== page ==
• Daudi Were – a leading organiser of African bloggers

  • Dr Kumi Naidoo – head of GCAP and contributor to Huffington Post

  • Cheryl Conte from Jack and Jill Politics - representing the US
    "Black bourgeoisie"

  • Enda Surya Nasution – the father of Indonesian blogging

  • Rowan Davies – representing the 200,000 members of Mumsnet

  • Rui Chenggang – China's leading economics broadcaster and blogger with 13,000,000 viewers every evening on CCTV

  • Richard Murphy – the leading expert on Tax Havens

They will be joined by thousands of bloggers online at
www.g20voice.org with audio and video livestreaming, and also via Skype broadcasts from inside the summit.

There is a full programme of events for the 50 invited bloggers. The event begins on 1 April with the official launch, including a series of briefings and round table discussions. On the day of the summit bloggers will have access to briefings from senior figures and world leaders. Members of the delegations have been invited to speak with the bloggers to discuss the developments in the main summit chamber.
Journalists are invited to come to the blogging tent to meet and talk with bloggers throughout the day.

Karina Brisby, G20Voice project founder and Digital Campaigns Manager, Oxfam GB said: "The G20Voice project was inspired by the articulate, engaging and often outraged posts, tweets, podcasts and videocasts from bloggers all over the world about the current economic crisis and how that affects the issues they are passionate about such as poverty and climate change.

"We are seeing a huge increase in the number of people around the world using digital tools to inform themselves and then contribute to debates about the issues that affect their lives. G20Voice recognises the importance of bloggers and gives them a unique opportunity to report back to their audiences direct from the G20 Summit itself."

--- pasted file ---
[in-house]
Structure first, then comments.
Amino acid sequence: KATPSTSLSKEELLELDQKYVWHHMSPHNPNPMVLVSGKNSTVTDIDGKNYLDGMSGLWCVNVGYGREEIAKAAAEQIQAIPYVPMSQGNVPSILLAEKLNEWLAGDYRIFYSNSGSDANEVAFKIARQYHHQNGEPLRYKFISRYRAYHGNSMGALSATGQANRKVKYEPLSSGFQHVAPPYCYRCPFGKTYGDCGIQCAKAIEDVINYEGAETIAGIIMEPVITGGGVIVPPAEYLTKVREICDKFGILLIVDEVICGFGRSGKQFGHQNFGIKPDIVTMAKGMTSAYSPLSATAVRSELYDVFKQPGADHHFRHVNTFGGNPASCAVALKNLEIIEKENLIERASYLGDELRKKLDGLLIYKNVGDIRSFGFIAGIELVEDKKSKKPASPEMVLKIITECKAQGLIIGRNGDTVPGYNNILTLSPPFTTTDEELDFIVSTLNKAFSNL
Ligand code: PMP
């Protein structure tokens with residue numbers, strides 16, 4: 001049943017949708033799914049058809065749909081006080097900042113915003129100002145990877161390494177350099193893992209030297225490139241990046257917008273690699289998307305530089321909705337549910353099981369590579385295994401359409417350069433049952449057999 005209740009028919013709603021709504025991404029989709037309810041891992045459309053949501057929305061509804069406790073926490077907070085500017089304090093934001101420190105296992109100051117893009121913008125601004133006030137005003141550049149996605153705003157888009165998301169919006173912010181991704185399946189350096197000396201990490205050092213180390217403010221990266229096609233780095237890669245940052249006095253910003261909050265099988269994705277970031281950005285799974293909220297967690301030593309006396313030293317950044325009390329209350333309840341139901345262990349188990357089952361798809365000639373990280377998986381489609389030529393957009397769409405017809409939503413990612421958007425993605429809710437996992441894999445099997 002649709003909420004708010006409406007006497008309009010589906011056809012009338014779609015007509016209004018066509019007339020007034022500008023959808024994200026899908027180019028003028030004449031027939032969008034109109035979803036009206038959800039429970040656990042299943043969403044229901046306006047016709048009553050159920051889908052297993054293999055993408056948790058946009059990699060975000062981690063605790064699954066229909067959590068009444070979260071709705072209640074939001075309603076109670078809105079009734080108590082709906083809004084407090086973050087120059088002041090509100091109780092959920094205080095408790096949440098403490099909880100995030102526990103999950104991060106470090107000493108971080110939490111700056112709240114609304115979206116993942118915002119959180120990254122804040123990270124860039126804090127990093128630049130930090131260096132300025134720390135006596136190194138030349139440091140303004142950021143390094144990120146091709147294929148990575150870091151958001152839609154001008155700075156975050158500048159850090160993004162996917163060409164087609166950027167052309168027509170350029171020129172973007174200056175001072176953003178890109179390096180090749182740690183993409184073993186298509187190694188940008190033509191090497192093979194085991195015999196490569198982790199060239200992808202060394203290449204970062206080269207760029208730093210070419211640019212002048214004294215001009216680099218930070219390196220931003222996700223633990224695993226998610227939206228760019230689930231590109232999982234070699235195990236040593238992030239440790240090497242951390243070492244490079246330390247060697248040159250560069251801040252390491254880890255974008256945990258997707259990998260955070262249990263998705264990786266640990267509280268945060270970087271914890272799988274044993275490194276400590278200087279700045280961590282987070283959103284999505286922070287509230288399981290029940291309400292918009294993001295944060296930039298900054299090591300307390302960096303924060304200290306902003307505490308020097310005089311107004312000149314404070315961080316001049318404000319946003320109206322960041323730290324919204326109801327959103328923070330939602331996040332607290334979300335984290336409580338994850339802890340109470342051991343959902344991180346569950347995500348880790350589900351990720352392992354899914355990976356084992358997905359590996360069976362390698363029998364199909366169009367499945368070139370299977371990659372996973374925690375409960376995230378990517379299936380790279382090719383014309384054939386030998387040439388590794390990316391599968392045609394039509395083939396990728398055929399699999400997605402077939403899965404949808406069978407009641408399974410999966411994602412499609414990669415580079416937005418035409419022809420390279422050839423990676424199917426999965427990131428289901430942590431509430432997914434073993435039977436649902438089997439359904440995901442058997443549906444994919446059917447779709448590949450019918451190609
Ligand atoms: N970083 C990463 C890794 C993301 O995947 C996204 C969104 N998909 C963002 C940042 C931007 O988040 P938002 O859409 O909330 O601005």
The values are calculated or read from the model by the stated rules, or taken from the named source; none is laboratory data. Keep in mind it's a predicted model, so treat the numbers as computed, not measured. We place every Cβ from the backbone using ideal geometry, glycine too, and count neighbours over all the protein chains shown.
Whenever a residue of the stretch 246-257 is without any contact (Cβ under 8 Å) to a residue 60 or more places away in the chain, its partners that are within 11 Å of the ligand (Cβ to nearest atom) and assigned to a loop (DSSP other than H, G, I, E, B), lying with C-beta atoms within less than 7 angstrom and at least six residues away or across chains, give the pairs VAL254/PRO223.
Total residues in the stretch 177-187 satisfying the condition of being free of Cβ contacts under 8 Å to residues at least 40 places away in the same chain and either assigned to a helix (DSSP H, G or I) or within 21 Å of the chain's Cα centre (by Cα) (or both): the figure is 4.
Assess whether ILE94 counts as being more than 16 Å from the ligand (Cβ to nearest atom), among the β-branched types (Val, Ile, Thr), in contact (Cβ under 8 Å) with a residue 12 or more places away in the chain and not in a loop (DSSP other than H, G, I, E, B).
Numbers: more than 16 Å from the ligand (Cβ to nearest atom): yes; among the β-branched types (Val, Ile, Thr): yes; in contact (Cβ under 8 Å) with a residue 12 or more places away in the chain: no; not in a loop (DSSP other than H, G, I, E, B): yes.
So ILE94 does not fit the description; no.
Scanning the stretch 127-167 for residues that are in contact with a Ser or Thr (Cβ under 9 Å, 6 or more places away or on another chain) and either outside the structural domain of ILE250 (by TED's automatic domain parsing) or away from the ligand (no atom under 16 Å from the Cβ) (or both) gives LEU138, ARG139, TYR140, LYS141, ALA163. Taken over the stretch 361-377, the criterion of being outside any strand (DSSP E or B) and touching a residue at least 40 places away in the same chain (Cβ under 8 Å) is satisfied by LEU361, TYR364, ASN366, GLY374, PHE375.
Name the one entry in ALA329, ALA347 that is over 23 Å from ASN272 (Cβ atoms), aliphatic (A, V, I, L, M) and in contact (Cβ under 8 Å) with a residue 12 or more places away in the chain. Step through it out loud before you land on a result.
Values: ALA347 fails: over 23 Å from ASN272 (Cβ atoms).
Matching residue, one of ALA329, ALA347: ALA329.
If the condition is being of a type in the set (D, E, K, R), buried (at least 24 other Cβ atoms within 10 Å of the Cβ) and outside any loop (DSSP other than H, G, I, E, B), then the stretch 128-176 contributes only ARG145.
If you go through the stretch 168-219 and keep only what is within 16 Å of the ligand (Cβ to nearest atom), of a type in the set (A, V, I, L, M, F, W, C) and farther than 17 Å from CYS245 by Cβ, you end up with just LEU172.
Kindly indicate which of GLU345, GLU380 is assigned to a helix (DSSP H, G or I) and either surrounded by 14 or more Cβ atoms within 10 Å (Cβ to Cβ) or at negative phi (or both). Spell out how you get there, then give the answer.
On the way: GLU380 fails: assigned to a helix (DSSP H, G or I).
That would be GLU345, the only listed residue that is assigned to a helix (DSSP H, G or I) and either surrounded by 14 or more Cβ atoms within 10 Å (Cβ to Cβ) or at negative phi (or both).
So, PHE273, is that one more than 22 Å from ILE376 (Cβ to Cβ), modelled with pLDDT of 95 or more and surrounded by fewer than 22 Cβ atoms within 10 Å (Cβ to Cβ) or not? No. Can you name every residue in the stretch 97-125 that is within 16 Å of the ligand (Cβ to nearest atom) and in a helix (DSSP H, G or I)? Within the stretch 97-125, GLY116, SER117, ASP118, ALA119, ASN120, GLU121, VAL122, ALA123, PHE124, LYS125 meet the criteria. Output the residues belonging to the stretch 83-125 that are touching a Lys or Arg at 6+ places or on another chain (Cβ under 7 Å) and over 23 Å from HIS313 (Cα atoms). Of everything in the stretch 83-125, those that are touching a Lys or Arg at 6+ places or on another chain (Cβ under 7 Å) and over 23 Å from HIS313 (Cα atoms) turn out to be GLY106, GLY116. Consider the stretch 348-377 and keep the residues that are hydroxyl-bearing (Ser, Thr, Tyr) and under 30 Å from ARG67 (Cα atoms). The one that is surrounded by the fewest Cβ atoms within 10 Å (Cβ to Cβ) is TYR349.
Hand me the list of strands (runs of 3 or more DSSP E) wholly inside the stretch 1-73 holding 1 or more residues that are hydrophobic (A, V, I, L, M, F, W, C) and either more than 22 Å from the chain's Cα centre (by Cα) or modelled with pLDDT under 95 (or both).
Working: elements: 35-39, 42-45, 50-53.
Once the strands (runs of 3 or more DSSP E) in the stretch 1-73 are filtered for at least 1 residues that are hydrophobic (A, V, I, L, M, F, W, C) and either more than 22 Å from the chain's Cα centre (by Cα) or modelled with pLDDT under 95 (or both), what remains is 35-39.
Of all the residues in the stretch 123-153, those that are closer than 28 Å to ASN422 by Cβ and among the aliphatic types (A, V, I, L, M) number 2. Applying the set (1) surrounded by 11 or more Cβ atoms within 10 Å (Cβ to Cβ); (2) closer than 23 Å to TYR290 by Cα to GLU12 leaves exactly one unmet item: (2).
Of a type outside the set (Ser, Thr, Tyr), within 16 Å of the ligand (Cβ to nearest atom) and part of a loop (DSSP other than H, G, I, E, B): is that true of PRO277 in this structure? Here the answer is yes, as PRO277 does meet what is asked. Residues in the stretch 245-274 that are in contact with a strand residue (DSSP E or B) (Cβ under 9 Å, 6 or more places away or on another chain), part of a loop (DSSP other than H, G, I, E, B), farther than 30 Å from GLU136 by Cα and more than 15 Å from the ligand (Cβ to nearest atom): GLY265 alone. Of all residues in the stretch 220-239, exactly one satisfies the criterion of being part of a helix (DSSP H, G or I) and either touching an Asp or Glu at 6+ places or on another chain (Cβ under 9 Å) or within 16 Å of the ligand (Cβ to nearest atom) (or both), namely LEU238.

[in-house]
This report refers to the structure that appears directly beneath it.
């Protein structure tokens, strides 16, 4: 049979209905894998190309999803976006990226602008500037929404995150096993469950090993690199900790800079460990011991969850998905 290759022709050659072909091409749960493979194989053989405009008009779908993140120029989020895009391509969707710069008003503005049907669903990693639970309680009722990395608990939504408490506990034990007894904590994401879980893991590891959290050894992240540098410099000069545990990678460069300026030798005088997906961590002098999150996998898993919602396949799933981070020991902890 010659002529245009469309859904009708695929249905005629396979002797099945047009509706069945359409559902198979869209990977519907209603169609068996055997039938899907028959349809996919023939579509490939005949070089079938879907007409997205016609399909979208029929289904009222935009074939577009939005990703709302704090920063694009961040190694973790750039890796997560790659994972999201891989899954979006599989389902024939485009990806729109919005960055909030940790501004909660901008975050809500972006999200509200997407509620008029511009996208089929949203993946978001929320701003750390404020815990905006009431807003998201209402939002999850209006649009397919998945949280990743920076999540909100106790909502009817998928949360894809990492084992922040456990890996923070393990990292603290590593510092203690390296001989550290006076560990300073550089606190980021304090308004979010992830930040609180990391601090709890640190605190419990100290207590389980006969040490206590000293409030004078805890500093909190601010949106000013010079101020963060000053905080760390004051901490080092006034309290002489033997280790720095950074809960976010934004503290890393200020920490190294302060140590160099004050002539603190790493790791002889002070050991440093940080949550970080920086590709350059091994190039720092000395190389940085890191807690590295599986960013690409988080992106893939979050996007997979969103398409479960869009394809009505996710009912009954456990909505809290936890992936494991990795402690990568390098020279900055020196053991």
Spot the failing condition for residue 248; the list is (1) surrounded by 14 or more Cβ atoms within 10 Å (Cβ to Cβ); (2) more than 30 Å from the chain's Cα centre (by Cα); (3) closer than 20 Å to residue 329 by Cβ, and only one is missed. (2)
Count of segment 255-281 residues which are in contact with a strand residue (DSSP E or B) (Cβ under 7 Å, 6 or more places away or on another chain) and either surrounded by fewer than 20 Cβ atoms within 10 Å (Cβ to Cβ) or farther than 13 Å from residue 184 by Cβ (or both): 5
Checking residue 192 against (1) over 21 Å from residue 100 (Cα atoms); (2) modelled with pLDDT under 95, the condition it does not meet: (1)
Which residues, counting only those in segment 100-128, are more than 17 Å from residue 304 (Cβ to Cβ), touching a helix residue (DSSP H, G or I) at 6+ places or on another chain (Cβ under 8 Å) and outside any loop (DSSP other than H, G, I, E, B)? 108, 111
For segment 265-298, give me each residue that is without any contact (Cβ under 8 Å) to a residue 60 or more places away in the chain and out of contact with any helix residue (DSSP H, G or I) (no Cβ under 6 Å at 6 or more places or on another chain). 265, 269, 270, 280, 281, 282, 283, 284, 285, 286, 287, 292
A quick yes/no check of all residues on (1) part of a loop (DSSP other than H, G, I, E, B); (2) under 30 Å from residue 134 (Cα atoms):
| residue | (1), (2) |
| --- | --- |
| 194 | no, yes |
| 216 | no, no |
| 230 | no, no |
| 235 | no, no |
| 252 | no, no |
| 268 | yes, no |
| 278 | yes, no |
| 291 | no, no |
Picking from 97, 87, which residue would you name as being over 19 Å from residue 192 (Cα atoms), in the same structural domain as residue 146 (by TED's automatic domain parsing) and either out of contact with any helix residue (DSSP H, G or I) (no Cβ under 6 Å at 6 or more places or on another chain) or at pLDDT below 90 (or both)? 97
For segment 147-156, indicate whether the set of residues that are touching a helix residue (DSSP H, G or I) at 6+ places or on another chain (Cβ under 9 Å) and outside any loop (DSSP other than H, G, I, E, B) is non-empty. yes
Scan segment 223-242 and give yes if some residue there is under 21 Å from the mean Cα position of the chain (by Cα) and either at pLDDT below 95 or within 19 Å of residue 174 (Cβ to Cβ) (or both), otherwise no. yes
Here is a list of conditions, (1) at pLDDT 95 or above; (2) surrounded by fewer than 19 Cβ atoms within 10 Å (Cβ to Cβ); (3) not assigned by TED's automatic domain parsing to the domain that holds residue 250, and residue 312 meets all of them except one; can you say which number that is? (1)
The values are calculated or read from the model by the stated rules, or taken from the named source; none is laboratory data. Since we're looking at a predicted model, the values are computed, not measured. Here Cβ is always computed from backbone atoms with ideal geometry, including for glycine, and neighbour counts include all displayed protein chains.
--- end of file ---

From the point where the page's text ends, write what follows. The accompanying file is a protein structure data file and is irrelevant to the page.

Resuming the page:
Adrian Lovett, Director of Campaigns at Save the Children said: "G20Voice will tear back the curtain as leaders draw up their blueprint for global recovery. Thanks to G20Voice at this summit the world will be watching. Bloggers will witness the summit from the inside - and the world will know whether leaders are building a future fit for the world's children, or one that rewards only the rich. Gordon Brown has set the bar for the London G20 summit next month by promising that the UK will meet its aid commitments despite the economic downturn. He must ensure other G20 countries do the same. If action to prevent children dying isn't taken now we could see this financial crisis claim the lives of a generation of children."

Oliver Buston, Europe Director of the Africa campaign group ONE said: "At ONE we’ve always been focused on empowering individuals to raise their voices against extreme poverty. This group of citizen-journalists includes some of the most articulate voices on this issue, and it’s exciting to be a part of bringing them to this international stage. The world’s poorest people are being hit hardest by a global crisis not of their making – the bloggers will have a chance to ask tough questions of world leaders, and demand solutions that will benefit everyone, not just the wealthy few."

How to Find G20Voice Online:
Web: www.g20voice.org; Twitter: @G20Voice; Flickr: www.flickr.com/g20voice; Youtube: www.youtube.com/G20voice; Moblog: moblog.net/voice

The G-20 (more formally, the Group of Twenty Finance Ministers and Central Bank Governors) is a group of finance ministers and central bank governors from 20 economies: 19 of the world's largest national economies, plus the European Union (EU).